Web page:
Surgeons Use Incisionless Operating Platform to Reduce Pouch, Stoma Size In Gastric Bypass Patients
Data shows expandable tissue anchors remain in place up to 12 months
SAN CLEMENTE, Calif., June 29 /PRNewswire/ -- New data show that surgeons can use USGI Medical Inc.'s (USGI) Incisionless Operating Platform™ (IOP) to durably reduce the size of the stomach pouch and stoma in Roux-en-Y Gastric Bypass (RYGB) patients who are regaining weight because this portion of their anatomy has stretched since their original surgery.
On Friday, June 26 at the American Society of Metabolic and Bariatric Surgeons (ASMBS) Annual Meeting near Dallas, University of California, San Diego (UCSD) Medical Center surgeon Santiago Horgan, M.D. presented outcomes from 116 patients who underwent this incisionless procedure to reduce the size of their pouch and stoma.
"We believe this is the first data to confirm 12-month durability for gastric folds created without incisions," said Dr. Horgan, director of UCSD's Center for the Future of Surgery and Center for the Treatment of Obesity.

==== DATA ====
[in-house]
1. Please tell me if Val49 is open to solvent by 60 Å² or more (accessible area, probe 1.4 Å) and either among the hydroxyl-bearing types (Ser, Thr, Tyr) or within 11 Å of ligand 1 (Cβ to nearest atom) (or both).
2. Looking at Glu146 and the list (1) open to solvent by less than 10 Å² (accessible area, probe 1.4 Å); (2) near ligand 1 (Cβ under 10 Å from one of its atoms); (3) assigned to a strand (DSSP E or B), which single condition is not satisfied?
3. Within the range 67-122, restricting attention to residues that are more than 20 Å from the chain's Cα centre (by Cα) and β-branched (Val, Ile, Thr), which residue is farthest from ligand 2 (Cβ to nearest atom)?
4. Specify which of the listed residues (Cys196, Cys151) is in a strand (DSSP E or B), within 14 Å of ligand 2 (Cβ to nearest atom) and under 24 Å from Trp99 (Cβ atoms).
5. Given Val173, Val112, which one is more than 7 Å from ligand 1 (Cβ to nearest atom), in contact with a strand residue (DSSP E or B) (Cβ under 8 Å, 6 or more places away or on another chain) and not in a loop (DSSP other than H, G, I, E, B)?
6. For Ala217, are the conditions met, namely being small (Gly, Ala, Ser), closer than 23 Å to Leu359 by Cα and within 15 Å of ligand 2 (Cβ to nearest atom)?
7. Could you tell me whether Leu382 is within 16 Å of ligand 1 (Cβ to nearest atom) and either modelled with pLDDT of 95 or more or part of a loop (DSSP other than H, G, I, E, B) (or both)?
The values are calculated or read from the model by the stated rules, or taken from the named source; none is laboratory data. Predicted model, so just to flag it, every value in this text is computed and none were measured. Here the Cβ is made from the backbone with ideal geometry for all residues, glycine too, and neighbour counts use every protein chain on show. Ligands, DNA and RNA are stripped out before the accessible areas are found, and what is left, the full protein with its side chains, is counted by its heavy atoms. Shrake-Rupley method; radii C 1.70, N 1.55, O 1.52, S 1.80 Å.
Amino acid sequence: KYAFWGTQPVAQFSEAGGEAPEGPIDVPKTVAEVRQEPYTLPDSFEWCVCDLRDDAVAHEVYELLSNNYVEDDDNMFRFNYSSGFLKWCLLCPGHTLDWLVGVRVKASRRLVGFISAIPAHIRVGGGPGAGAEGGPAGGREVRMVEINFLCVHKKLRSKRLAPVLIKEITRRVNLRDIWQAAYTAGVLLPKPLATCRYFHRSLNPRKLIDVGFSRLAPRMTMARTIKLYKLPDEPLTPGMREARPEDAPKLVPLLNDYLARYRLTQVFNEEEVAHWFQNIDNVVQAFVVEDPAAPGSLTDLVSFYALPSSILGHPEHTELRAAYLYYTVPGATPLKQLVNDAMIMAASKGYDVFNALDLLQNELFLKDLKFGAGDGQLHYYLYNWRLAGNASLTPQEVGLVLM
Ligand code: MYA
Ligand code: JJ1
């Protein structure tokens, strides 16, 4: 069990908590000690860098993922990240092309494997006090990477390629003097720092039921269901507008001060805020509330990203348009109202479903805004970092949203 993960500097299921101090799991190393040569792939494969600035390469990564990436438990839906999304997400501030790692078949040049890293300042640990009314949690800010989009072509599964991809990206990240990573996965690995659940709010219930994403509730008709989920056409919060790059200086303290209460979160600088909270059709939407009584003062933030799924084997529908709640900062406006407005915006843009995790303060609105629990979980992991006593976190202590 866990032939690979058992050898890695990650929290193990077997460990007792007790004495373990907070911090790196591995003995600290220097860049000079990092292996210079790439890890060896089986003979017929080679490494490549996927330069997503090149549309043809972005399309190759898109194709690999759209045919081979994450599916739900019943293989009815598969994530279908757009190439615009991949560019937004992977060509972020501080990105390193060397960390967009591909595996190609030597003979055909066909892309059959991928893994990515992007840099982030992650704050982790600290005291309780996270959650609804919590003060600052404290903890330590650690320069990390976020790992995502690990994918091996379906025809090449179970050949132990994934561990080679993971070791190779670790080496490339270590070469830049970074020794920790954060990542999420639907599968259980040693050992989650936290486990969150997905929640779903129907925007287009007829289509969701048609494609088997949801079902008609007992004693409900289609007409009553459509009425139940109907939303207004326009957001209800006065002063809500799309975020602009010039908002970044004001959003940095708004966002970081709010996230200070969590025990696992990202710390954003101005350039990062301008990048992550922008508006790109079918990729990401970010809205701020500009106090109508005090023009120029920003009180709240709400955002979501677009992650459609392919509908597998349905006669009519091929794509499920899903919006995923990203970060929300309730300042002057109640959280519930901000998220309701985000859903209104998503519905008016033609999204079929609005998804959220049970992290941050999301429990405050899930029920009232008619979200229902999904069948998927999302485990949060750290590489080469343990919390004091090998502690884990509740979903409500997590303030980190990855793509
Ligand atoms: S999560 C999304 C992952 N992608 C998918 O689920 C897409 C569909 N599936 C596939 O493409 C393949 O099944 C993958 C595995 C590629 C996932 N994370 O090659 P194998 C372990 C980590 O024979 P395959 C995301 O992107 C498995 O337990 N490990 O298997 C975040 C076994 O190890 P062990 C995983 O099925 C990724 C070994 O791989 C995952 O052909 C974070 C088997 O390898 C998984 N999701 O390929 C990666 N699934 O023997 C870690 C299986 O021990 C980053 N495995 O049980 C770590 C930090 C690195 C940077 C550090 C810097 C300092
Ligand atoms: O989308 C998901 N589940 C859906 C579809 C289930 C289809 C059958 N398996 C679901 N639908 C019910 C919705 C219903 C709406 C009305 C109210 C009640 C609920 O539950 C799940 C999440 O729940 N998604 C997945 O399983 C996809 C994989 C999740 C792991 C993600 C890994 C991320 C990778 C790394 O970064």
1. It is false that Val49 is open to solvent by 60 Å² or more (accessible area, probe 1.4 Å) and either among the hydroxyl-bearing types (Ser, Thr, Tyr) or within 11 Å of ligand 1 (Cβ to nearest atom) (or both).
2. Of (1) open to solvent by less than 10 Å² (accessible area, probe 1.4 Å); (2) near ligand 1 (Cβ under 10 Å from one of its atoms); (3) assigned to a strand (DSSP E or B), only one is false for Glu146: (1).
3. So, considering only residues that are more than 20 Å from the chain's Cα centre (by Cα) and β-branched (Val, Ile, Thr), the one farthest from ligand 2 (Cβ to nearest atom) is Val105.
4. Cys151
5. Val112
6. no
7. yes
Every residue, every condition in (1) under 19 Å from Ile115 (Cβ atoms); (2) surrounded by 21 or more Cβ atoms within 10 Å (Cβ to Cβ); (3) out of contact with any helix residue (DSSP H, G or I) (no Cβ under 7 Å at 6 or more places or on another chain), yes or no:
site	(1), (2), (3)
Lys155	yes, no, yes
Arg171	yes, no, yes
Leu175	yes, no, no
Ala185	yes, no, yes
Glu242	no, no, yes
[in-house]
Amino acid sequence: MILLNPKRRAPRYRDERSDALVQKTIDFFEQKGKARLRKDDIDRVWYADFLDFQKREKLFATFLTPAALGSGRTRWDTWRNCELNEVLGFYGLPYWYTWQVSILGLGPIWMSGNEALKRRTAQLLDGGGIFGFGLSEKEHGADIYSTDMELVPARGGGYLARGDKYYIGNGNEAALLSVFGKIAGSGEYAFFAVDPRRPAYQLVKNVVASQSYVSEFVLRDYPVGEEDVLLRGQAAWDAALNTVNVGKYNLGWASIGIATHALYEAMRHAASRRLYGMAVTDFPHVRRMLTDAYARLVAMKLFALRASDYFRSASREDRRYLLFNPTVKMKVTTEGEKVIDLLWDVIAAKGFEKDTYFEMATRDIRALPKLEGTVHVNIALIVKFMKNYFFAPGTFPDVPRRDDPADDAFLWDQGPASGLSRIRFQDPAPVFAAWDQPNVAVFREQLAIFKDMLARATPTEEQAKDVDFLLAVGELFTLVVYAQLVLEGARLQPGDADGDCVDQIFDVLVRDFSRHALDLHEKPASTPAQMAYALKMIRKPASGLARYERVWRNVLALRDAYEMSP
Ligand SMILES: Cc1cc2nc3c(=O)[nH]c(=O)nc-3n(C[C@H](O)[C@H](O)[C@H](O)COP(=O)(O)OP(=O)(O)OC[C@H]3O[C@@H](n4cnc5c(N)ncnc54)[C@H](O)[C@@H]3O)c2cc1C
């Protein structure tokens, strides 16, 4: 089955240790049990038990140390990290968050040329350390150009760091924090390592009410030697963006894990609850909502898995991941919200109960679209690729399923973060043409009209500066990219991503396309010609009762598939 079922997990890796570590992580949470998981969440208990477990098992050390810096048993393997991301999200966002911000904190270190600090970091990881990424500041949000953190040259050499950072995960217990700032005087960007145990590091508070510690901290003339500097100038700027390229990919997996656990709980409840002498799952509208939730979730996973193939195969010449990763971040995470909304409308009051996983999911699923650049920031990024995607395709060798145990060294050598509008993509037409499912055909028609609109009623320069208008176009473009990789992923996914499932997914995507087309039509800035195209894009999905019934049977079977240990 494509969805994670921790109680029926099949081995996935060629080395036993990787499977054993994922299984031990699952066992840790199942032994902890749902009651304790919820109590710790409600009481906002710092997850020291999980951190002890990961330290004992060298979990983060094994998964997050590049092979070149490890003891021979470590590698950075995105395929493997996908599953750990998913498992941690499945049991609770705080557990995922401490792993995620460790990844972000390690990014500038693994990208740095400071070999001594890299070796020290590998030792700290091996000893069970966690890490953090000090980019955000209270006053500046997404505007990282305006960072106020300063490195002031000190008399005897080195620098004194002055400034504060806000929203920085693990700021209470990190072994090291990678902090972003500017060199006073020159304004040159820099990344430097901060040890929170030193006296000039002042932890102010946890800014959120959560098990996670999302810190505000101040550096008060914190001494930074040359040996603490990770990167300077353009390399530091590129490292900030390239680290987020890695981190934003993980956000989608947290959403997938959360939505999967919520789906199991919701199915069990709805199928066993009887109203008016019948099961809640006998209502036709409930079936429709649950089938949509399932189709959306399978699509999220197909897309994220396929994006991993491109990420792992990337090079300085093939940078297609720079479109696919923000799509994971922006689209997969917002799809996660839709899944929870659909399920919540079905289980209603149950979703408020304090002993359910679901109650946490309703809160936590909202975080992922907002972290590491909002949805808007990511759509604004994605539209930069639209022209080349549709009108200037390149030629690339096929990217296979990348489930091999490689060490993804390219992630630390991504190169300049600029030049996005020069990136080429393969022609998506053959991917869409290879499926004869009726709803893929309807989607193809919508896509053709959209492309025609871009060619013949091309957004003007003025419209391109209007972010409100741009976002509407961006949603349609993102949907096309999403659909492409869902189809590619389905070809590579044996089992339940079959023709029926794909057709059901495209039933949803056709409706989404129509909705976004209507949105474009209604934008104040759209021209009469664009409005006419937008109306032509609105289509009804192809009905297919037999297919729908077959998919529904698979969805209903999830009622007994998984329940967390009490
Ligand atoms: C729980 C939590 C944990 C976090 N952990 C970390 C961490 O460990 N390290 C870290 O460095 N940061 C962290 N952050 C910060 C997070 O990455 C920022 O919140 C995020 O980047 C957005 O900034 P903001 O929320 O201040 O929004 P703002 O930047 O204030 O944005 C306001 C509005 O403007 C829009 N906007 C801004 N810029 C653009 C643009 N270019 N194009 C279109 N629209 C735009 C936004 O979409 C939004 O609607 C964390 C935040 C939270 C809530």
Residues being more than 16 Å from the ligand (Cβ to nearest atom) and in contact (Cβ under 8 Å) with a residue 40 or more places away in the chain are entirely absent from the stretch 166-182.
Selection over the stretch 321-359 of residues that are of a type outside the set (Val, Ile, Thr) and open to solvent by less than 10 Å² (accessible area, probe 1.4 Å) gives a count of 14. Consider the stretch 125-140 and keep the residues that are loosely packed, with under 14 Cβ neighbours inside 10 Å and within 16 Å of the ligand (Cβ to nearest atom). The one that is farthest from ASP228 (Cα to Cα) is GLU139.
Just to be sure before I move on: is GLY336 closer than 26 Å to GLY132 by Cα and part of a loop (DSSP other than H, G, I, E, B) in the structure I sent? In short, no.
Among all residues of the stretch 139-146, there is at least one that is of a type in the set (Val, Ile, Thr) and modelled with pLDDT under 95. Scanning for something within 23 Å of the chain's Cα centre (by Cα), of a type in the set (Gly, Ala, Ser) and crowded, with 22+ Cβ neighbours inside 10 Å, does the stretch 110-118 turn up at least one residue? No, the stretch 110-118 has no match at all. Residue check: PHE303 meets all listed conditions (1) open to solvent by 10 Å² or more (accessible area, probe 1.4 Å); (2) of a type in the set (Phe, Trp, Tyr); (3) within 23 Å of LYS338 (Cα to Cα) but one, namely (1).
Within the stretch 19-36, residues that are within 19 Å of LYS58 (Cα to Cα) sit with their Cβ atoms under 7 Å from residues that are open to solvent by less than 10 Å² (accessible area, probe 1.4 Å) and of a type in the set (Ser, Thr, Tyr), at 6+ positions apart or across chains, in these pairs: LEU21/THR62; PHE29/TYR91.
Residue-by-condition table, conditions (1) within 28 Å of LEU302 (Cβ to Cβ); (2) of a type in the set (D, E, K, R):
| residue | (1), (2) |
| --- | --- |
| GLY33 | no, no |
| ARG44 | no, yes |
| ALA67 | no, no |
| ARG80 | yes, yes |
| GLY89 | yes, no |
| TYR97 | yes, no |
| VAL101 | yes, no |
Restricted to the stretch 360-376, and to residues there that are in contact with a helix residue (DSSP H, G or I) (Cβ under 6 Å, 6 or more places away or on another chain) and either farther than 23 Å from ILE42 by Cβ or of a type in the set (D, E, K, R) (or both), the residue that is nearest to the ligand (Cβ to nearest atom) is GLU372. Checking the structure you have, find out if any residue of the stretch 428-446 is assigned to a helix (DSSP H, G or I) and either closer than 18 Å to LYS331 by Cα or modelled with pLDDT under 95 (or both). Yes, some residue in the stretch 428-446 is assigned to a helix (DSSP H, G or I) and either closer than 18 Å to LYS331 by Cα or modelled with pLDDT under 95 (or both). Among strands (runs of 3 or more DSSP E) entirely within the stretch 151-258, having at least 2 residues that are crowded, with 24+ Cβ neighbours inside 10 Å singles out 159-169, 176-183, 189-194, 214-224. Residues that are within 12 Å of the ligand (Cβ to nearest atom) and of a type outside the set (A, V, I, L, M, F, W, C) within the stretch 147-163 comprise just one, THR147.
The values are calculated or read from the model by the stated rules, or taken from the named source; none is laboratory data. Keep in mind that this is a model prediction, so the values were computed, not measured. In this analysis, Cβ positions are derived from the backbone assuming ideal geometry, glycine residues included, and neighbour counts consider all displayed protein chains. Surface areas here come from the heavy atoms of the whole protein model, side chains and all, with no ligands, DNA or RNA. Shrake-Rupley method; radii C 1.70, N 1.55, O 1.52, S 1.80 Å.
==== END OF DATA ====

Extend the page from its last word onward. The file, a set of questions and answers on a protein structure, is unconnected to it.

"Invasive procedures to restore the anatomy to the original post-surgery proportions are too complicated for many patients. Surgeons have tried to perform restorative procedures through the mouth using other types of endoscopic instruments, however GI tissue is extremely resistant to change and it's been difficult to show long-term durability of procedures utilizing endoscopic sutures or staples. USGI's Expandable Tissue Anchors have allowed us to achieve a desired amount of durable reduction in the pouch and stoma size without any significant adverse events, filling a significant unmet medical need in this patient population."
To perform a Restorative Obesity Surgery, Endolumenally (ROSE), surgeons used USGI's IOP to grasp tissue and deploy Expandable Tissue Anchors to create multiple, circumferential tissue folds around the stoma and inside the pouch.
The procedure is performed entirely through the patient's mouth. An endoscope provides visualization. Surgeons were able to place tissue folds in 112 of 116 (97 patients. On average, surgeons placed six Expandable Tissue Anchor pairs in each of these
112 patients and reduced their mean stoma diameter by 50% and pouch length by 44 percent.
Dr. Horgan reported that twelve-month post-op endoscopies performed on 19 patients to date confirmed the durability of the procedure: the tissue anchors remained and durable tissue folds were present. There were no significant complications associated with the procedure and most patients reported no or minimal pain.